The Rhizaria are a species-rich supergroup of 1]eukaryotes. They vary considerably in form, but for the most part they are amoeboids with filose, reticulose, or microtubule-supported pseudopods. Many produce shells or skeletons, which may be quite complex in structure, and these make up the vast majority of protozoan fossils. Nearly all have mitochondria with tubular cristae.
There are three main groups of Rhizaria:
- Cercozoa - Various amoebae and flagellates, usually with filose pseudopods and common in soil
- Foraminifera - Am oeboids with reticulose pseudopods, common as marine benthos
- Radiolaria - Amoeboids with axopods, common as marine plankton
A few other groups may be included in the Cercozoa, but on some trees appear closer to the Foraminifera. These are the Phytomyxea and Ascetosporea, parasites of plants and animals respectively, and the peculiar amoeba Gromia. The different groups of Rhizaria are considered close relatives based mainly on genetic similarities, and have been regarded as an extension of the Cercozoa. The name Rhizaria for the expanded group was introduced by Cavalier-Smith in 2002, who also included the centrohelids and Apusozoa.
Rhizaria is part of the bikont clade, which also comprises the Archae plastida, the Chromalveolata, the Excavata, and some smaller, unresolved groups such as the Apusozoa and the Centrohelida. As bikonts, they all descend from a heterotrophic eukaryote with two flagella.
Historically, many rhizarians were considered animals, with their motility and heterotrophy as justification. However, when the five-kingdom system took prevalence over the animal-plant dichotomy, the rhizarians were put into the kingdom Protista. Then, after Woese published his three-domain system, because of the paraphyly of the kingdom Monera, taxonomists turned their attention to the eukaryote domain, and the inherent paraphyly of Protista. After much debate, which continues to this day, Rhizaria emerged as a monophyletic group.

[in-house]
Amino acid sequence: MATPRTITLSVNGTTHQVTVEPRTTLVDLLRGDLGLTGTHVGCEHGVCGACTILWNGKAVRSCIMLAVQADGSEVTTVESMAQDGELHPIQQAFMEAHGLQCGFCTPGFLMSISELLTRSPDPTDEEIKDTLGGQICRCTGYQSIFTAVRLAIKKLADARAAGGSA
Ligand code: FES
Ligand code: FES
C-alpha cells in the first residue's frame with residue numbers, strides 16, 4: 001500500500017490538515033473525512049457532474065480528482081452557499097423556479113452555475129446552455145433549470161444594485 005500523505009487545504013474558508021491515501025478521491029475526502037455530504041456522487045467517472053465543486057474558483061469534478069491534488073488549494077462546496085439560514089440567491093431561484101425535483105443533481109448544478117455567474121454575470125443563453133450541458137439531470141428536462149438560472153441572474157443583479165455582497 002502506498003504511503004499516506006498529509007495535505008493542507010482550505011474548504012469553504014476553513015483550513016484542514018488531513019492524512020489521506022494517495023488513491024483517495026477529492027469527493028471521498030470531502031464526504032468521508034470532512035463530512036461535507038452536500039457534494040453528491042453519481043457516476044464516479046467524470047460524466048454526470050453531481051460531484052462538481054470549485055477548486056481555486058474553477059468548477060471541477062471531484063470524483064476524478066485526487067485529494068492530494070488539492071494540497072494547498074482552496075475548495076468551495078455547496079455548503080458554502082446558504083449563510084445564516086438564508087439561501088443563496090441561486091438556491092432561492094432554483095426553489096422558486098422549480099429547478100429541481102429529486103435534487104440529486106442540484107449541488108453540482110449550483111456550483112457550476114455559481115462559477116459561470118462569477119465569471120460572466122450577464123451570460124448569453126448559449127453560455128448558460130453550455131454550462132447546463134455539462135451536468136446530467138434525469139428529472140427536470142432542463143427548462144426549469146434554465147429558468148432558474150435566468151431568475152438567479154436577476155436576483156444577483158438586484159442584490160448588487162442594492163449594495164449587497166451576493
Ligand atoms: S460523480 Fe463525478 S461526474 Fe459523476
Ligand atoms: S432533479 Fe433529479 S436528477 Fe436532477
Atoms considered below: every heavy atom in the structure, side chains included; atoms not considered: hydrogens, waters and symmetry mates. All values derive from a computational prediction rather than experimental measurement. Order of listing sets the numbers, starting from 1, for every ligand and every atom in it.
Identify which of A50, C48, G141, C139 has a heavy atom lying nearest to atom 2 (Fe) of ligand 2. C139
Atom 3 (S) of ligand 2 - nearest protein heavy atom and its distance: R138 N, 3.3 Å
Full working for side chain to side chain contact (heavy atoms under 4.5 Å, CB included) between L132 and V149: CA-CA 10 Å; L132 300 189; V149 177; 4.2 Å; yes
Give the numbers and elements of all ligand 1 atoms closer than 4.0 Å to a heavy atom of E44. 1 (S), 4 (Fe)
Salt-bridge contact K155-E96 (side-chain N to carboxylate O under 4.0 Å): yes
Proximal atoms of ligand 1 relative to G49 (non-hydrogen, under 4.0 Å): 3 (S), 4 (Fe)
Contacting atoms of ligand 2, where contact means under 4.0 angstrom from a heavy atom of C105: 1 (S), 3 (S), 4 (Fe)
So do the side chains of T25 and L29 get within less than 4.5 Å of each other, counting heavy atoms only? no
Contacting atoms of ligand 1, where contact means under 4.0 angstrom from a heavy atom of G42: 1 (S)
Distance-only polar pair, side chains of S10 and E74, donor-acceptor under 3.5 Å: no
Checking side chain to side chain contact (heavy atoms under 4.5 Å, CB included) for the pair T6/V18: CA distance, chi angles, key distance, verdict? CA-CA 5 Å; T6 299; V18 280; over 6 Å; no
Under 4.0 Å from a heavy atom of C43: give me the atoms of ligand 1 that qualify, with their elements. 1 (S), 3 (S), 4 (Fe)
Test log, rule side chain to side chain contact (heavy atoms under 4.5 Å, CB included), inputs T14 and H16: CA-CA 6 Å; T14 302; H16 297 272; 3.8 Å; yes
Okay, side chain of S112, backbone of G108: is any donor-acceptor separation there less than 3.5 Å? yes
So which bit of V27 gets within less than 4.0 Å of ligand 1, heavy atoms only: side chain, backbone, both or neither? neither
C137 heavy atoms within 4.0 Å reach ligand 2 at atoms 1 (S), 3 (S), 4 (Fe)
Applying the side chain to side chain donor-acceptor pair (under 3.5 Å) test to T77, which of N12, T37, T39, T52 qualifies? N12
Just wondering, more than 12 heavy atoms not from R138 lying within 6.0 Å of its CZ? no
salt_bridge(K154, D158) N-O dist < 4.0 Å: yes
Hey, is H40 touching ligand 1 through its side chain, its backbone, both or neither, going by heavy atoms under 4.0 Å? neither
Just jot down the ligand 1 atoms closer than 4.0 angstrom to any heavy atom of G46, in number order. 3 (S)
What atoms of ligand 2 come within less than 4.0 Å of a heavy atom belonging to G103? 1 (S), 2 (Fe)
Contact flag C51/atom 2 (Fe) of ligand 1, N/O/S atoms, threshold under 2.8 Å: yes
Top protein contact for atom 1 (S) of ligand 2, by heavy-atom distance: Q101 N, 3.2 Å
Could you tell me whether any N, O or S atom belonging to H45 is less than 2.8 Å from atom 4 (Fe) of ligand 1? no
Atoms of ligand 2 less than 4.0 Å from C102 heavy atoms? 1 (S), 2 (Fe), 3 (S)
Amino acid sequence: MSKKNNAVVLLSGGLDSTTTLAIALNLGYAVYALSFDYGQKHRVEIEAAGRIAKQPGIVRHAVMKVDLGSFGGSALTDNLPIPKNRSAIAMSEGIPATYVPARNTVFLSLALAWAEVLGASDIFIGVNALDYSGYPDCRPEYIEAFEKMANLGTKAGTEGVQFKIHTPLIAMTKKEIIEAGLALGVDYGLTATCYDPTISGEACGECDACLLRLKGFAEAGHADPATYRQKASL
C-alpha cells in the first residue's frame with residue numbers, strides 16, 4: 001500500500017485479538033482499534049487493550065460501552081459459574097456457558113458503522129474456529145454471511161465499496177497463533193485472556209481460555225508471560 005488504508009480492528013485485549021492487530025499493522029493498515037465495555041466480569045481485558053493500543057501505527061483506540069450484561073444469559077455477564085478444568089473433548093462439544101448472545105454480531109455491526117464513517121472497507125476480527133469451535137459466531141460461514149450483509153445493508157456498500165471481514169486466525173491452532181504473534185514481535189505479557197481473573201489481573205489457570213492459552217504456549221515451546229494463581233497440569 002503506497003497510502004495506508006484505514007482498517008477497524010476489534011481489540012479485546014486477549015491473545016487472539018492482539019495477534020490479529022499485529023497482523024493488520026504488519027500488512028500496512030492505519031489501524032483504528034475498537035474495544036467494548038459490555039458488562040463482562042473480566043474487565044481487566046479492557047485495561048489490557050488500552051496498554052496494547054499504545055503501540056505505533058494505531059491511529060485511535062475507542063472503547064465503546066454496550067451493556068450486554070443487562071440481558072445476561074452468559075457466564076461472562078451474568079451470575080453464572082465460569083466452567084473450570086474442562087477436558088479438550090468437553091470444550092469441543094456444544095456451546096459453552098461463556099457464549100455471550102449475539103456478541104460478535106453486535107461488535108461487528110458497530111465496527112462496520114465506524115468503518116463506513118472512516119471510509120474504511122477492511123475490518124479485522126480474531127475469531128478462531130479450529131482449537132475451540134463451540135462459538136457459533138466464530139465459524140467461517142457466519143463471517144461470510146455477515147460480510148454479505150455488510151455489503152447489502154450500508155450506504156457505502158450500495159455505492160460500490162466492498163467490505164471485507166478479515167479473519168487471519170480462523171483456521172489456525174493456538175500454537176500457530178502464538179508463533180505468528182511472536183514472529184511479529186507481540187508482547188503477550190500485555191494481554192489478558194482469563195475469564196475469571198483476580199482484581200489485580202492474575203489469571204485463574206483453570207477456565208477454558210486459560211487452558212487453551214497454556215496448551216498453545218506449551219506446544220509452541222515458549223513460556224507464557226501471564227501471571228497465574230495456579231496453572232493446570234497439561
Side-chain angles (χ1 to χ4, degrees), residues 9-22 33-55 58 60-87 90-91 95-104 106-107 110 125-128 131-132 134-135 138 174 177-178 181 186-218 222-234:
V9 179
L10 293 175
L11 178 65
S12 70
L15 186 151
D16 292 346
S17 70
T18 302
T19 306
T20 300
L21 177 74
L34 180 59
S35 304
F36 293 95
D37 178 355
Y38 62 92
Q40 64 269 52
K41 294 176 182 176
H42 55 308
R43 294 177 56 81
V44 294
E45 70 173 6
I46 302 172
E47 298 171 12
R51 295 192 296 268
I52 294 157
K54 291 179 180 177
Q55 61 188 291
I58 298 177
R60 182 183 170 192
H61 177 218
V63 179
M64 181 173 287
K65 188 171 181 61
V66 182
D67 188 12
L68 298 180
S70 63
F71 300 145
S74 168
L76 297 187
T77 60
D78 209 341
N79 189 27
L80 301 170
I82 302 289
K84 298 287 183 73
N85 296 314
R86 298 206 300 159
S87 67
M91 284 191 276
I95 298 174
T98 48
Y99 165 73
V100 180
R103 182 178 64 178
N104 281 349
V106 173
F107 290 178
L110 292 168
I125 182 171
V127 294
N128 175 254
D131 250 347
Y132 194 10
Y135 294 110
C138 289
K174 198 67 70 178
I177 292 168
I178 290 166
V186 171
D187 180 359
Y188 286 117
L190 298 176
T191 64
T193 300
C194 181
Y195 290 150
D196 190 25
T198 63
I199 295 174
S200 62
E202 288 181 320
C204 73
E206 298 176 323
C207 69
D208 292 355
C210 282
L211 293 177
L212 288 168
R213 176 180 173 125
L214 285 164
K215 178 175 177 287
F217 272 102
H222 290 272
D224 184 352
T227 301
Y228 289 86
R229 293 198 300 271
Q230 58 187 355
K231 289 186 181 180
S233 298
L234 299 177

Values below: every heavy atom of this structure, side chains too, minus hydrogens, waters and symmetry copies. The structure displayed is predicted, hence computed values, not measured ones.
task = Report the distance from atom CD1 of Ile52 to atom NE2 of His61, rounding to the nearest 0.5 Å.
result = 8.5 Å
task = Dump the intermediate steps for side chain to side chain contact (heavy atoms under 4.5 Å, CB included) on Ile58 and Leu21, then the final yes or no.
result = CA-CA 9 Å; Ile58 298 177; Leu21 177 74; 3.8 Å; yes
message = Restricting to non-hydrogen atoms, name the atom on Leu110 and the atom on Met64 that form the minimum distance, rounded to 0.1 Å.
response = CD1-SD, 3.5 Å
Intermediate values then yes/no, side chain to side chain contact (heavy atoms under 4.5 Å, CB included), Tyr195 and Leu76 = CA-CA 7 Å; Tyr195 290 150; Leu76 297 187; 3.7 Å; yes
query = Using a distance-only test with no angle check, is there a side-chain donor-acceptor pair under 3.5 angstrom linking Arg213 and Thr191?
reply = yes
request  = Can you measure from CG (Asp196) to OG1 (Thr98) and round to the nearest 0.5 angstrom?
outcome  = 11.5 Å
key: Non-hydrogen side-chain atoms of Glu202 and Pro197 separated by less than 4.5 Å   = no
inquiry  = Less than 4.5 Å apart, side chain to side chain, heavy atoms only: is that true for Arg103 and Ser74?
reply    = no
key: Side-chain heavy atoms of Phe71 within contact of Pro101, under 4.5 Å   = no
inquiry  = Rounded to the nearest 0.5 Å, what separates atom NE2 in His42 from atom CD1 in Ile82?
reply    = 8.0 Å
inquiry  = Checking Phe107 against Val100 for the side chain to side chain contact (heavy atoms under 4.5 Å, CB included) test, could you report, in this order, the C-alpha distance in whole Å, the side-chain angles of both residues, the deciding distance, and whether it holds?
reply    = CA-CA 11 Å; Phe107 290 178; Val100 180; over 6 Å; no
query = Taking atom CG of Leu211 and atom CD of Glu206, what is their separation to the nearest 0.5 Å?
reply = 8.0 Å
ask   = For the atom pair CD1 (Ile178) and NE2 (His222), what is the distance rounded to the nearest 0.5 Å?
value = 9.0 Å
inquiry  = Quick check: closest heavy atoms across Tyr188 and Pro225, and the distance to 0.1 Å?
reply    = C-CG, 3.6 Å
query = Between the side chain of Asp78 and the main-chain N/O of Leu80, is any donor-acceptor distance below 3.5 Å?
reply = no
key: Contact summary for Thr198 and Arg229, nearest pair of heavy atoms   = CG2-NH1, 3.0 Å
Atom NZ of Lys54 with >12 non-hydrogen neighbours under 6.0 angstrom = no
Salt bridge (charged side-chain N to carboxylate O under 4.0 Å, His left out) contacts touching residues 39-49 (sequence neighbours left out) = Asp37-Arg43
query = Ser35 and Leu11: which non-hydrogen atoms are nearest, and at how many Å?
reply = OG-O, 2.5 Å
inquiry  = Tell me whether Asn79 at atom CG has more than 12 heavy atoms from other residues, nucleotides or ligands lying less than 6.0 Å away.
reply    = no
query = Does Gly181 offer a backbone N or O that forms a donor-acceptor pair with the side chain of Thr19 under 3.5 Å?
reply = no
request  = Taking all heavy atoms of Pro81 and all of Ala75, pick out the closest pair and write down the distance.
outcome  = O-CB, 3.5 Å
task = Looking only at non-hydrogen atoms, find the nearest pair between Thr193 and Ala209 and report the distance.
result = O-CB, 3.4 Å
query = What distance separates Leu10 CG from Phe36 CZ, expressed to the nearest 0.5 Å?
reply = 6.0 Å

The Infrakingdom Rhizaria is further organized into finer groupings including:
The Foraminifera, ("Hole Bearers") or forams for short, are a large group of protists with reticulating pseudopods, fine strands of cytoplasm that branch and merge to form a dynamic net. They typically produce a test, or shell, which can have either one or multiple chambers, some becoming quite elaborate in structure. These shells are made of calcium carbonate (CaCO3) or agglutinated sediment particles. About 275,000 species are recognized, both living and fossil. They are usually less than 1 mm in size, but some are much larger, and the largest recorded specimen reached 19 cm. [more]
At least 27 species and subspecies belong to the Phylum Radiozoa.
More info about the Phylum Radiozoa may be found here.
- ^ Christopher Taylor (2004). "Rhizaria". http://www.palaeos.com/Eukarya/Units/Rhizaria/Rhizaria.html.
- ^ Nikolaev SI, Berney C, Fahrni JF, et al. (May 2004). "The twilight of Hel iozoa and rise of Rhizaria, an emerging supergroup of amoeboid eukaryotes". Proc. Natl. Acad. Sci. U.S.A. 101 (21): 8066–71. doi:10.1073/pnas.0308602101. PMID 15148395. PMC: 419558. http://www.pnas. org/cgi/pmidlookup?view=long&pmid=15148395.
- ^ Moreira D, von der Heyden S, Bass D, López-García P, Chao E, Cavalier-Smith T (July 2007). "Global eukaryote phylogeny: Combined small- and large-subunit ribosomal DNA trees support monophyly of Rhizaria, Retaria and Excavata". Mol. Phylogenet. Evol. 44 (1): 255–66. doi:10.1016/j.ympev.2006.1 1.001. PMID 17174576. http://linkinghub.elsevier.com/retrieve/pii/S1055-7903(06)00433-7.
- ^ Cavalier-Smith, Thomas (2002). "The phagotrophic origin of eukaryotes and phylogenetic classification of Protozoa". International Journal of Systematic and Evolutionary Microbiology 52 (2): 297–354. ISSN 1466-5026. PMID 11931142. http://ijs.sgmjournals.org/cgi/content/abstract/52/2/297. Retrieved on 2007-06-08.
- ^ Fabien, Burki; Kamran Shalchian-Tabrizi, Marianne Minge, Åsmund Skjæveland, Sergey I. Nikolaev, Kjetill S. Jakobsen, Jan Pawlowsk i (2007). "Phylogenomics Reshuffles the Eukaryotic Supergroups". PLoS ONE 2 (8): e790-. doi:10.1371/journal.pone.0000790. http://www.plosone.org/article/info%3Adoi%2F10.1371%2Fjournal.pone.0000790. Retrieved on 2008-01-24.
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